The risk for peritonitis from perforation or penetration.
The risk of ascites.
The risk of pyloric obstruction
He risk of bleeding.
Clinical indicators of ascites and encephalopathy
They are often associated with weight loss because eating worsens pain
They are more likely to perforate than bleed.
They are relieved by eating
They are associated with increased acid secretion.
Patient remains unresponsive
Patient's serum Na and CL- levels are normalizing.
Patient has a positive fluid balance.
Patient is increasingly combative and trying to climb out of bed.
Both are cured by colostomy.
Neither are cured by colostomy.
Hematocrit and hemoglobin.
Coagulation (PT/INR and PTT) times.
Monitoring of his CIWA score at least q 4 hours (with vital sign checks)
IV benzodiazepine therapy.
TC oral benzodiazapines starting NOW.
Administration of Clonipine and Haldol in the early hours of potential withdrawal.
Will he be able to eat in the next 2 days?
What was his albumin on admission.
Has his albumin improved or gone down since admission?
Is he febrile, tachycardic or healing from a major wound?
Does he have diabetes mellitus?
D5 Normal Saline
Increased pain in the knee chest position.
A WBC count >20,000/mm3 and >5% bands
Increased pain when bending forward.
Right lower quadrant pain and rebound tenderness.
IV administration of Bumex or Lasix AND Paracentesis.
Sodium restriction and Spirolactone (Aldactone), possibly followed by loop diuretics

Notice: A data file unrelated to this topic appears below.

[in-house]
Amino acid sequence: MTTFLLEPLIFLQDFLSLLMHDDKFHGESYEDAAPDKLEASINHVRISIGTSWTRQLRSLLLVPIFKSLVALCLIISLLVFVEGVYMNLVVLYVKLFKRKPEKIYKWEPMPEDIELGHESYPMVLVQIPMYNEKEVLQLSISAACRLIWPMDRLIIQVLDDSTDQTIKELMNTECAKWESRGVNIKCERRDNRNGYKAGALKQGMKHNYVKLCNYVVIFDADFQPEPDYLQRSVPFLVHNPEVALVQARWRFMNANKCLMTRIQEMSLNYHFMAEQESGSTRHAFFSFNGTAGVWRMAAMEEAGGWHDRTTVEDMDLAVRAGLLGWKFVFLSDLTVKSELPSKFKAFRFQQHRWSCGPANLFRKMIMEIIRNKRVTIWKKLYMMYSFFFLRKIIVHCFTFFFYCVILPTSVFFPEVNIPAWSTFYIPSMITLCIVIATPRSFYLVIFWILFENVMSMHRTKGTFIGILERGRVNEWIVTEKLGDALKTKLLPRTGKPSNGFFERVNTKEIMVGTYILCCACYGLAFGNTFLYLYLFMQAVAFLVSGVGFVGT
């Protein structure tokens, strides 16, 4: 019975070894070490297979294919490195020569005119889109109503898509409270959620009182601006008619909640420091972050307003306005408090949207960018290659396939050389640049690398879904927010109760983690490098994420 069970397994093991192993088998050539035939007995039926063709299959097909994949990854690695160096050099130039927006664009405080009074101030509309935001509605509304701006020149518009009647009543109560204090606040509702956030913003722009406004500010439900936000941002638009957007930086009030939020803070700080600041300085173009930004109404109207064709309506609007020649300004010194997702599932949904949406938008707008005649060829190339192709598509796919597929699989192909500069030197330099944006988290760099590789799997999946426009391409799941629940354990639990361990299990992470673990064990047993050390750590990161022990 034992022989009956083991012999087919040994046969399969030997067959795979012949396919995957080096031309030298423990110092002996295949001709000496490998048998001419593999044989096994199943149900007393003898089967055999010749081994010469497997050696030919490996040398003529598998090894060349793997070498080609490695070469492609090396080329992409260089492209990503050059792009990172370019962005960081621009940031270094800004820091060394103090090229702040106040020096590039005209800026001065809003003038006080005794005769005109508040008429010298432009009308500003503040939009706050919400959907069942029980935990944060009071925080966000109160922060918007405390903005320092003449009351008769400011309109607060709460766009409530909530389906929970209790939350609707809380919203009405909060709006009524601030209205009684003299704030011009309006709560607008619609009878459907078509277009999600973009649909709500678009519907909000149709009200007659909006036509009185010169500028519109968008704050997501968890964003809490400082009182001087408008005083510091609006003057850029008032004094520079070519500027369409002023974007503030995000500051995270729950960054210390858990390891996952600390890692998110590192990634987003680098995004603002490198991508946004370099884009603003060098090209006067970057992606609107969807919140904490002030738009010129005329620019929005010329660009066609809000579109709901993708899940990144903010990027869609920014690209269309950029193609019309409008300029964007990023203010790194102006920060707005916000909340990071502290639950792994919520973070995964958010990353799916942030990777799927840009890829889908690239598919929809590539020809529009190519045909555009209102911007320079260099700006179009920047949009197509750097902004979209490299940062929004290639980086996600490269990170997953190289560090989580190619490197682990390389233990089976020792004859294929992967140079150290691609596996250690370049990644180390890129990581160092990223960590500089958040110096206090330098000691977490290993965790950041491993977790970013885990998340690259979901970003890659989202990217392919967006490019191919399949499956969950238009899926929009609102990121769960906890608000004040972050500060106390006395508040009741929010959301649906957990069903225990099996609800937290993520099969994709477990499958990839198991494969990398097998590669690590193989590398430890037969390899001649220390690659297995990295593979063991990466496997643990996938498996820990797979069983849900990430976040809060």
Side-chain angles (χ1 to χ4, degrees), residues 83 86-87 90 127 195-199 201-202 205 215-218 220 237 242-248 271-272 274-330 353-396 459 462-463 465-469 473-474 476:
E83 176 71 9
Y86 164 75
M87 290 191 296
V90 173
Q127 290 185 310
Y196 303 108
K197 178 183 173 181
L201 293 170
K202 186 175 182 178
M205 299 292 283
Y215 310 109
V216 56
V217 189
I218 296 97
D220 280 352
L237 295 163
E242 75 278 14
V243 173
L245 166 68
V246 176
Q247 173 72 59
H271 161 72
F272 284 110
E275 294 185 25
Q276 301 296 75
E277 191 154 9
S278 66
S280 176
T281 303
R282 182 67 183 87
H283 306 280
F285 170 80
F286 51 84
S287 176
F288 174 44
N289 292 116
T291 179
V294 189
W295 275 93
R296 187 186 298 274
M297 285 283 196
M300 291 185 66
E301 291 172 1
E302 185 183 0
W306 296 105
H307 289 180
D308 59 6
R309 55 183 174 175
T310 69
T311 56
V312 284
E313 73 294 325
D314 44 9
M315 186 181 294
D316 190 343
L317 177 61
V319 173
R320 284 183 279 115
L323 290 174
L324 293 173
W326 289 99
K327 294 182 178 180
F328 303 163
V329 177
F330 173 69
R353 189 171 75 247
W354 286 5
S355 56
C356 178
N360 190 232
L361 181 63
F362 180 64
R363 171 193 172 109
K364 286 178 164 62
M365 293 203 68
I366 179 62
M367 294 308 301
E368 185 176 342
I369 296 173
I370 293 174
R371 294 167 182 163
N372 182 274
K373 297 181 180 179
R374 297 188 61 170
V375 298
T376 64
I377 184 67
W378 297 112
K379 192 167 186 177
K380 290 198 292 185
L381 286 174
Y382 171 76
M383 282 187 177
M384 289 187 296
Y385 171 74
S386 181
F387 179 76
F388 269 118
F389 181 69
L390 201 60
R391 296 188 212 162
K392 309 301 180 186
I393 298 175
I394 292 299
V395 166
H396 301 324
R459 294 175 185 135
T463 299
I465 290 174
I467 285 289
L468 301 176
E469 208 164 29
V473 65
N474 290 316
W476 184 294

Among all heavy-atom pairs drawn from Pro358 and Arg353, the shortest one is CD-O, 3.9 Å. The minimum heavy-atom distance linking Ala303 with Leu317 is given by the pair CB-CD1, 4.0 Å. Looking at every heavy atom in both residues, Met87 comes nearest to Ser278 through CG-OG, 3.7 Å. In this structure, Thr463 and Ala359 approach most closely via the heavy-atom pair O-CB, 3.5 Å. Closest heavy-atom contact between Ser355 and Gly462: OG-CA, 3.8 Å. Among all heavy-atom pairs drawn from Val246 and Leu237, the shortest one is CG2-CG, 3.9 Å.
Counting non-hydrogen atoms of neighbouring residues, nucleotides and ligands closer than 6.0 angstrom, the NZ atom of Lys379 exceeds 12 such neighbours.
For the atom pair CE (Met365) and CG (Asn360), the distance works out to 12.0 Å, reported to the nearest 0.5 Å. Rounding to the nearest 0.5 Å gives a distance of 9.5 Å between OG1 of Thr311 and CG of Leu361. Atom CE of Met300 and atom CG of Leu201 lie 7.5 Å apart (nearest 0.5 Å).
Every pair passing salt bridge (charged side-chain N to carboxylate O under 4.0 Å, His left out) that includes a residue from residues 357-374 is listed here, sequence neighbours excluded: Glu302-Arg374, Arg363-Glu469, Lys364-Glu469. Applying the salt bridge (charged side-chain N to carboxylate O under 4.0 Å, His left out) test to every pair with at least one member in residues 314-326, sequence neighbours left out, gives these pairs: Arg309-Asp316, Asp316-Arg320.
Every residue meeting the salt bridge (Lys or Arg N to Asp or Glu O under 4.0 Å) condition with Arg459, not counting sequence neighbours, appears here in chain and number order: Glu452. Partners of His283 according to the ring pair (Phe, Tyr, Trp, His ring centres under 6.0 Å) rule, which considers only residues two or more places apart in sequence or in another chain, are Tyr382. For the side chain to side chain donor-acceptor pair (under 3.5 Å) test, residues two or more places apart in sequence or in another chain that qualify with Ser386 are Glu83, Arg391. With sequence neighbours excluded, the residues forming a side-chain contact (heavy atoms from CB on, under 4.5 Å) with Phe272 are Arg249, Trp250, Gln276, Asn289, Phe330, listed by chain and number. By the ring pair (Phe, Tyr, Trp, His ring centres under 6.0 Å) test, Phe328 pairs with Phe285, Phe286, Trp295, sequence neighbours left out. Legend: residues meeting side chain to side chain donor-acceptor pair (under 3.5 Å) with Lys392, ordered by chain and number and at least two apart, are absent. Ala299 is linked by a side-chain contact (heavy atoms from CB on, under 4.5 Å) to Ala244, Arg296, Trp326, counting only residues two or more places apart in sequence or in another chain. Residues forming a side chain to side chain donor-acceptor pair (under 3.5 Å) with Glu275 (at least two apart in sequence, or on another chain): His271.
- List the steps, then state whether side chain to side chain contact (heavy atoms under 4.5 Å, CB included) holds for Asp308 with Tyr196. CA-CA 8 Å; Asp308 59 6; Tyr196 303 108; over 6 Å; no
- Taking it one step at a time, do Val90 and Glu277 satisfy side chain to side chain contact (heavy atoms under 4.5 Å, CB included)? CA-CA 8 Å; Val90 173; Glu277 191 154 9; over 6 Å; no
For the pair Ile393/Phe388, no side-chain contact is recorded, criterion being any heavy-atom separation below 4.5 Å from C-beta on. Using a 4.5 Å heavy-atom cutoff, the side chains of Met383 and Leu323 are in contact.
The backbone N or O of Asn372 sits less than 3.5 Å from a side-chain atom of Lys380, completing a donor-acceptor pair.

Paracentesis (tapping the belly to remove fluid)
IV administration of salt poor albumin.(SPA)
It is often associated with weight loss
It is often associated with pyloric obstruction.
Sympathetic nervous system suppressants
Alterations in Sodium, Potassium and calcium
Alterations in BUN, creatinine, K+ and magnesium.
Alterations in BUN (not creatinine), Na+ and Cl- and possibly in Bicarb
Alterations in BUN, creatinine, sodium and calcium
Potassium, magnesium and phosphorous.
Protein and sodium.
Green leafy vegetables
Low serum sodium levels.
Low serum Ca+ levels
Elevated serum K+ levels
Low serum glucose levels
Changes in Hematacrit (HCT)or Hemoglobin (Hgb) levels are early indicators
Earliest indication is changes in capillary refill.
Changes in vital signs (increased HR and narrowed pulse pressure) are often the early indicators
Changes in serum chemistries are often the first indication of a bleed.
It represents an approach to preventing only the most complex of alcohol withdrawal complications-delirium tremons. It should be initiated within 24 hours of the last drink.
A patient with a CIWA score of 8-10 is considered at VERY HIGH RISK for AWS.
CIWA scores are not useful in patients who are actively withdrawing from alcohol, but can be used to prevent alcohol withdrawal if initiated on admission
CIWA scores >10 indicate a need for symptom triggered response in the form of short or long acting benzodiazapines, with continued assessment of CIWA to assess effect.
Treatment of jaundice
Treatment of ammonia levels.
Treatment of nutritional deficiencies.
Treatment of electrolyte abnormalities
PT and INR.
Serum potassium and magnesium levels
Hematocrit and hemoglobin.
Conjugated Bilirubin levels
Hematocrit and Hemoglobin
Elevated unconjugated bilirubin
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